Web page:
Tuesday, 22 February 2011

Some book reviews! Really! - The Limits of Enchantment, and St Lucy's Home for Girls Raised by Wolves

St Lucy's Home for Girls Raised by Wolves - Karen Russell

I had been hearing about this book here and there, and finally picked it up over a year ago.  When Stephen King said that Swamplandia!, Russell's new book, was one of the anticipated books of the year, I thought I'd better go back and read her first book.  I also love the title.  I love wolves, and it's an irresistible title.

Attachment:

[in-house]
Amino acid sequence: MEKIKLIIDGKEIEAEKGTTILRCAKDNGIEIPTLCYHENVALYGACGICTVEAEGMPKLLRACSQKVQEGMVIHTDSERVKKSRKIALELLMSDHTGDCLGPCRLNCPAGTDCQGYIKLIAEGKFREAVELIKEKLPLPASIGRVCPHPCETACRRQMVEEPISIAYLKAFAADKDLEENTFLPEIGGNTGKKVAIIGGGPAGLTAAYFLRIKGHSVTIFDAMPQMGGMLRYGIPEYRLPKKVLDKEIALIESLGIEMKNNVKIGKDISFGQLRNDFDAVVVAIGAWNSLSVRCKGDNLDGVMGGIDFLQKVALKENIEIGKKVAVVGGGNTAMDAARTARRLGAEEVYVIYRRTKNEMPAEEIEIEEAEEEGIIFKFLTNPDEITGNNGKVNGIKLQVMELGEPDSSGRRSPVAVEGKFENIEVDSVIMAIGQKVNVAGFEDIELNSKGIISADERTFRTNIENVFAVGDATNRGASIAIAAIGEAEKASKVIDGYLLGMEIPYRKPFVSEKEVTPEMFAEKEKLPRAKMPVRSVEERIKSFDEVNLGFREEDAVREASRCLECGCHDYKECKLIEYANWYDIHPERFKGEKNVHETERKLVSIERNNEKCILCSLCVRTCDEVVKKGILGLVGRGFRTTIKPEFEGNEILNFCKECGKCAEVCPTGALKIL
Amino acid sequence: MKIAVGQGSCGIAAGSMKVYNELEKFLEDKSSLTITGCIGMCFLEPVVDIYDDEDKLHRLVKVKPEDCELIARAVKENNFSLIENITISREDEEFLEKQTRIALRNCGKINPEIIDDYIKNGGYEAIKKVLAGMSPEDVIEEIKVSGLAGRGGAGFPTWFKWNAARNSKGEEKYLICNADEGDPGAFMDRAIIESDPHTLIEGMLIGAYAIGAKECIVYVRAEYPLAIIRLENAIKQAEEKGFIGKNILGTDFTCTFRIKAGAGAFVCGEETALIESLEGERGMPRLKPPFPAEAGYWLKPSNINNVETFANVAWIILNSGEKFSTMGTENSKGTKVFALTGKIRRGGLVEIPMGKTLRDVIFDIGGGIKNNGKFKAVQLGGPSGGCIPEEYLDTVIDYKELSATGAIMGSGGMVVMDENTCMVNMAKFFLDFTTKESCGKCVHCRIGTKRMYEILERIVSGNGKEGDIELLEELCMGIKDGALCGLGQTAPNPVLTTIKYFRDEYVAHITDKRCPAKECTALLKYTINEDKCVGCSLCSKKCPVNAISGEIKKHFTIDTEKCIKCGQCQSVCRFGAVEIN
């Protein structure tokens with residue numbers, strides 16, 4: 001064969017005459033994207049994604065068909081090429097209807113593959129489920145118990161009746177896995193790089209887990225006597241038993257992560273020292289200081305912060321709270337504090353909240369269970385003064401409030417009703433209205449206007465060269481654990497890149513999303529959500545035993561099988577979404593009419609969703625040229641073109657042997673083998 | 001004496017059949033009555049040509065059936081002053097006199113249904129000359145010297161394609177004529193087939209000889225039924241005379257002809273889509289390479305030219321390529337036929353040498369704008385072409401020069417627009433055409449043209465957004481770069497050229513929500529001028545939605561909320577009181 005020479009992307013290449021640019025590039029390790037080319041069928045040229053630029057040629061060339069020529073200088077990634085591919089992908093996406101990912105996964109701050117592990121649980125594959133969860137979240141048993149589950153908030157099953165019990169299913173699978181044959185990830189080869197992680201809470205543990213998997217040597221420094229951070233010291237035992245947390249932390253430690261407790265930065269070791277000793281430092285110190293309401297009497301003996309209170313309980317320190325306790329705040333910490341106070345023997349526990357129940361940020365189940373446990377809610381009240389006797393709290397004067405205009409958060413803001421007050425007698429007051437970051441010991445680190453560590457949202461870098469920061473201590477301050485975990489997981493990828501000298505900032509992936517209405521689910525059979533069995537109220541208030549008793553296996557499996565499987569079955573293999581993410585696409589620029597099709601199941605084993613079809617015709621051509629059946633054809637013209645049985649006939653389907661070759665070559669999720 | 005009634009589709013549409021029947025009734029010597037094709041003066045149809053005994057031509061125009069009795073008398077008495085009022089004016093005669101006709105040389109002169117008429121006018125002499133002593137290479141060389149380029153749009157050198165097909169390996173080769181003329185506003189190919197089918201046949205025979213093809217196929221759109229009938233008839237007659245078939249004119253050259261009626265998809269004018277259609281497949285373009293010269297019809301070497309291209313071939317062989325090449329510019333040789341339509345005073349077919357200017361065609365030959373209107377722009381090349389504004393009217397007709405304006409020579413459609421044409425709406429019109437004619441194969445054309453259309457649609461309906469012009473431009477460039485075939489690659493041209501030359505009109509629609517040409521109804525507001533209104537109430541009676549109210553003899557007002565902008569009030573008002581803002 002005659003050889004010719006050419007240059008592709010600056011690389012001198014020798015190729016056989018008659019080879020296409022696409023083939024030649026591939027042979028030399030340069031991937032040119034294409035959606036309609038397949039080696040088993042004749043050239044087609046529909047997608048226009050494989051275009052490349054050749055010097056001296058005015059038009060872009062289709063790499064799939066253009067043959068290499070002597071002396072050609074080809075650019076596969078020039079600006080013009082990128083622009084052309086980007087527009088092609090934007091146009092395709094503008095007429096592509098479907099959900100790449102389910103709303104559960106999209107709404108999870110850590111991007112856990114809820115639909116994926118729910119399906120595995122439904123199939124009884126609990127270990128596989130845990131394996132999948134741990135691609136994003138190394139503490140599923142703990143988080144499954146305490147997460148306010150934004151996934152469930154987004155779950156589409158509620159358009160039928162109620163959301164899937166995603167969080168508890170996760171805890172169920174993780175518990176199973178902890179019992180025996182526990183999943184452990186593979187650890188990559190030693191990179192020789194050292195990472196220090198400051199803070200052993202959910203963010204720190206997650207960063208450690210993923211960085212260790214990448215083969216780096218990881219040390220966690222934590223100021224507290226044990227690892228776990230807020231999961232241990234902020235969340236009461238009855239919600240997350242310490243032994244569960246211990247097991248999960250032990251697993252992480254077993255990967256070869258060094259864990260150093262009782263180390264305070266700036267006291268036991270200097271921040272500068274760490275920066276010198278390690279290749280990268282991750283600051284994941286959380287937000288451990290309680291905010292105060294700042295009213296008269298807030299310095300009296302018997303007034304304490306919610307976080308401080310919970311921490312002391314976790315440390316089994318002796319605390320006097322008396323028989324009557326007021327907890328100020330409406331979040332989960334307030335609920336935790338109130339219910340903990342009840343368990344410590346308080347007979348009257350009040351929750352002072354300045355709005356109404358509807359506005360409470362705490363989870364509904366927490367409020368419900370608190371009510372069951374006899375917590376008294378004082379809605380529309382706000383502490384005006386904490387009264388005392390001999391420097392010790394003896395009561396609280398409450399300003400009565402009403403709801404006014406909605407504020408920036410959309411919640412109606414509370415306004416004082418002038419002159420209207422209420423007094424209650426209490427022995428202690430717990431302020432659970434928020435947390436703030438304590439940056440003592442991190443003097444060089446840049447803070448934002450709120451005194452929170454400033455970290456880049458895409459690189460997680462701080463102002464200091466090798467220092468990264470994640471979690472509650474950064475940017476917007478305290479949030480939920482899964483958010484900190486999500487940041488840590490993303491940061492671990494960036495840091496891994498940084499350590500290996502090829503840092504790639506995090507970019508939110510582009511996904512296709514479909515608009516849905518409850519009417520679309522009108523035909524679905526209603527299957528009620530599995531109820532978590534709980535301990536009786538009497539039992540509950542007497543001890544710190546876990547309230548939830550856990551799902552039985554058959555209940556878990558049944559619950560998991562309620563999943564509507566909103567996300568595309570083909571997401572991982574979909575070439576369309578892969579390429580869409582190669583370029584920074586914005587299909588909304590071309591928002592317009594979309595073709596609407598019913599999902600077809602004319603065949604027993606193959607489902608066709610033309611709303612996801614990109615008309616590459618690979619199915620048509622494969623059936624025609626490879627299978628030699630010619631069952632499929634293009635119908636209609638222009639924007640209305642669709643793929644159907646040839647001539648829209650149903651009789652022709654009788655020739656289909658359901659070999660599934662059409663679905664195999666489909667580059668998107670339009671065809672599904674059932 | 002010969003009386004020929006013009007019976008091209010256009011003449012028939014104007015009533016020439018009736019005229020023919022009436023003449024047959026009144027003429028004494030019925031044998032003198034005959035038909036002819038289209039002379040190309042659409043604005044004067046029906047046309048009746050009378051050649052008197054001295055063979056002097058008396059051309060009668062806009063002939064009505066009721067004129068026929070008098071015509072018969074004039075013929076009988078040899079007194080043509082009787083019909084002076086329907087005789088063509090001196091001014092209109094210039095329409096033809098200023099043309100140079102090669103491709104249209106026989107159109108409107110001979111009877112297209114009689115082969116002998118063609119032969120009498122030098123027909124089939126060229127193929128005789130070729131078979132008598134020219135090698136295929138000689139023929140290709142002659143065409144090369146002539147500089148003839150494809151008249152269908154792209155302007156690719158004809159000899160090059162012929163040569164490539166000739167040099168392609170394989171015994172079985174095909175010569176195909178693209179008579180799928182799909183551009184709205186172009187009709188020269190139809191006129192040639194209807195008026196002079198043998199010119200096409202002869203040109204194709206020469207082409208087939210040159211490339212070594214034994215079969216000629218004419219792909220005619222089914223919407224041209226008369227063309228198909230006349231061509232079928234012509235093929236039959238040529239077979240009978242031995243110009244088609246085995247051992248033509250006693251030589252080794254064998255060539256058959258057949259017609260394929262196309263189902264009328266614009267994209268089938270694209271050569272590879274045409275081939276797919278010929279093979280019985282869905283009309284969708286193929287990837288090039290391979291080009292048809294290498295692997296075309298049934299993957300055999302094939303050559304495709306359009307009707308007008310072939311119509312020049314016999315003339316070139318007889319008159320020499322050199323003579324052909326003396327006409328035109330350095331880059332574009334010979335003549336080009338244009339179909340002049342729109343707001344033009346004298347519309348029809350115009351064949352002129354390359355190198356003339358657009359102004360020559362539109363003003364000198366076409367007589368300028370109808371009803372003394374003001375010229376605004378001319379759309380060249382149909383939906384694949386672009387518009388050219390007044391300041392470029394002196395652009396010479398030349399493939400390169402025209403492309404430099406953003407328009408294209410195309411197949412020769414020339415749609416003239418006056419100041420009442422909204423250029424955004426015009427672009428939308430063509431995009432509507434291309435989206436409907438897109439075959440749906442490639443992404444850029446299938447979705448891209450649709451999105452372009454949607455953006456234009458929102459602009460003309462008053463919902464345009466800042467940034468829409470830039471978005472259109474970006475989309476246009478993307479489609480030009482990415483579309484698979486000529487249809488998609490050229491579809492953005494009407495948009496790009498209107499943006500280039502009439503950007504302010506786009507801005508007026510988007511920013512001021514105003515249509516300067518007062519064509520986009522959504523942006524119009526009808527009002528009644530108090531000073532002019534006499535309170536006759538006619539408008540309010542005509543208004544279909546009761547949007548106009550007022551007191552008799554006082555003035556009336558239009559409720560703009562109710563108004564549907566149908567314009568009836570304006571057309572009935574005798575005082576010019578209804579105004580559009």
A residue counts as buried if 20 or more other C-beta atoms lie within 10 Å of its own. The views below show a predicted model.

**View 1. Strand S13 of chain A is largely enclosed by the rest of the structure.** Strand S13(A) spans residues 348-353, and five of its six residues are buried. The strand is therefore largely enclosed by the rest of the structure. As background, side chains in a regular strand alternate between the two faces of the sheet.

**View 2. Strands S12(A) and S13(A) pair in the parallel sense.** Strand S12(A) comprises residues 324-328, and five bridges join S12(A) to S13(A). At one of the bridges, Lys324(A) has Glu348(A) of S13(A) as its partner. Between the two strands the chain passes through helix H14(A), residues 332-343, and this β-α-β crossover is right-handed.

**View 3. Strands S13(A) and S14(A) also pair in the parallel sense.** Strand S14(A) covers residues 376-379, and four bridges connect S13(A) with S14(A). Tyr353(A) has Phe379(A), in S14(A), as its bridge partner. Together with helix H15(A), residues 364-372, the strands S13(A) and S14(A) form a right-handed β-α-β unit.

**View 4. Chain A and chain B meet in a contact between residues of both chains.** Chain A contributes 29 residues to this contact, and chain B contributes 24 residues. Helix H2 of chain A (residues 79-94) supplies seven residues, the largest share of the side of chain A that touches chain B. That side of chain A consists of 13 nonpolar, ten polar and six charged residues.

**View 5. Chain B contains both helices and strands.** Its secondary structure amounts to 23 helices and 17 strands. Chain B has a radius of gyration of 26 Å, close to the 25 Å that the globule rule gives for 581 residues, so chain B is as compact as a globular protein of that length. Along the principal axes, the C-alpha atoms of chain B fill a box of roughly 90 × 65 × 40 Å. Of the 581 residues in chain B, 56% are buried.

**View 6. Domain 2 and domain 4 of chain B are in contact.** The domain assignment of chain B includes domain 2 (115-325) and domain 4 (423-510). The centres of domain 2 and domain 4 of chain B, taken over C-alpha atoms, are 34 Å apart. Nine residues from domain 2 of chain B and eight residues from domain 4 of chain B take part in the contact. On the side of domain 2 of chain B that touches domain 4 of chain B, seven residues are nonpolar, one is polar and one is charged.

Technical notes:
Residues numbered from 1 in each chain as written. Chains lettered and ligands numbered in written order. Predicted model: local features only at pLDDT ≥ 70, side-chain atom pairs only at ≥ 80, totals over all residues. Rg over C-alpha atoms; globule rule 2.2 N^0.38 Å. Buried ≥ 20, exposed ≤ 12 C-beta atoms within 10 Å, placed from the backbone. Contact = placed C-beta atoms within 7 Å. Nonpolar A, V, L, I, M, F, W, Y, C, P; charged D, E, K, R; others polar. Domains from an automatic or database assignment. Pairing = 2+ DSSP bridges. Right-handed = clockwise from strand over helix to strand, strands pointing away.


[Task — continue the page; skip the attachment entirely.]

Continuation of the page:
St Lucy's Home For Girls Raised by Wolves is a book of short stories, and they are fantasy in the way that is fabulous,  in the old original sense of fabulous being strange and wild and wonderful.  Almost all the stories are set in Florida, in and around the water or the forest or the swamp. The two that are not, From Children's Reminiscences of the Westward Migration, and Accident Brief, Occurrence # 00/422, are set in the prairies/desert (Children's Reminiscences) and the Arctic somewhere (Accident Brief).  All the stories feature young people, usually around 8 or 10 or 12, who are on the cusp of reaching for the adult world, not quite knowing what they are missing, but they are missing it, even as they explore childhood and the darkness around them.  Almost every story features loss, absent parents, mothers who abandon their children to make a living in the way that the very poor do.  These aren't pretty people, neither are they terrifically bad - they are children and the freaky adults they find themselves surrounded with.  If I had to describe the theme of this book, it would be what life would be like if it were a circus - that extraordinarily twilight zone feeling that we get going to the circus, where certainly I want to laugh at the clowns, but at the same time I'm aware there are people underneath and are they happy?  do they want to be laughed at?  (of course they do, but I always worry about what people are really feeling, and not what they are pretending to the world.)This collection of stories is like looking through a fun house mirror, where the carnival aspects of childhood get twisted in ways we know are, even though they shouldn't be.  They are gothic without any of the nonsense about death - surreal stories, almost.  And fascinating.  I really enjoyed this collection.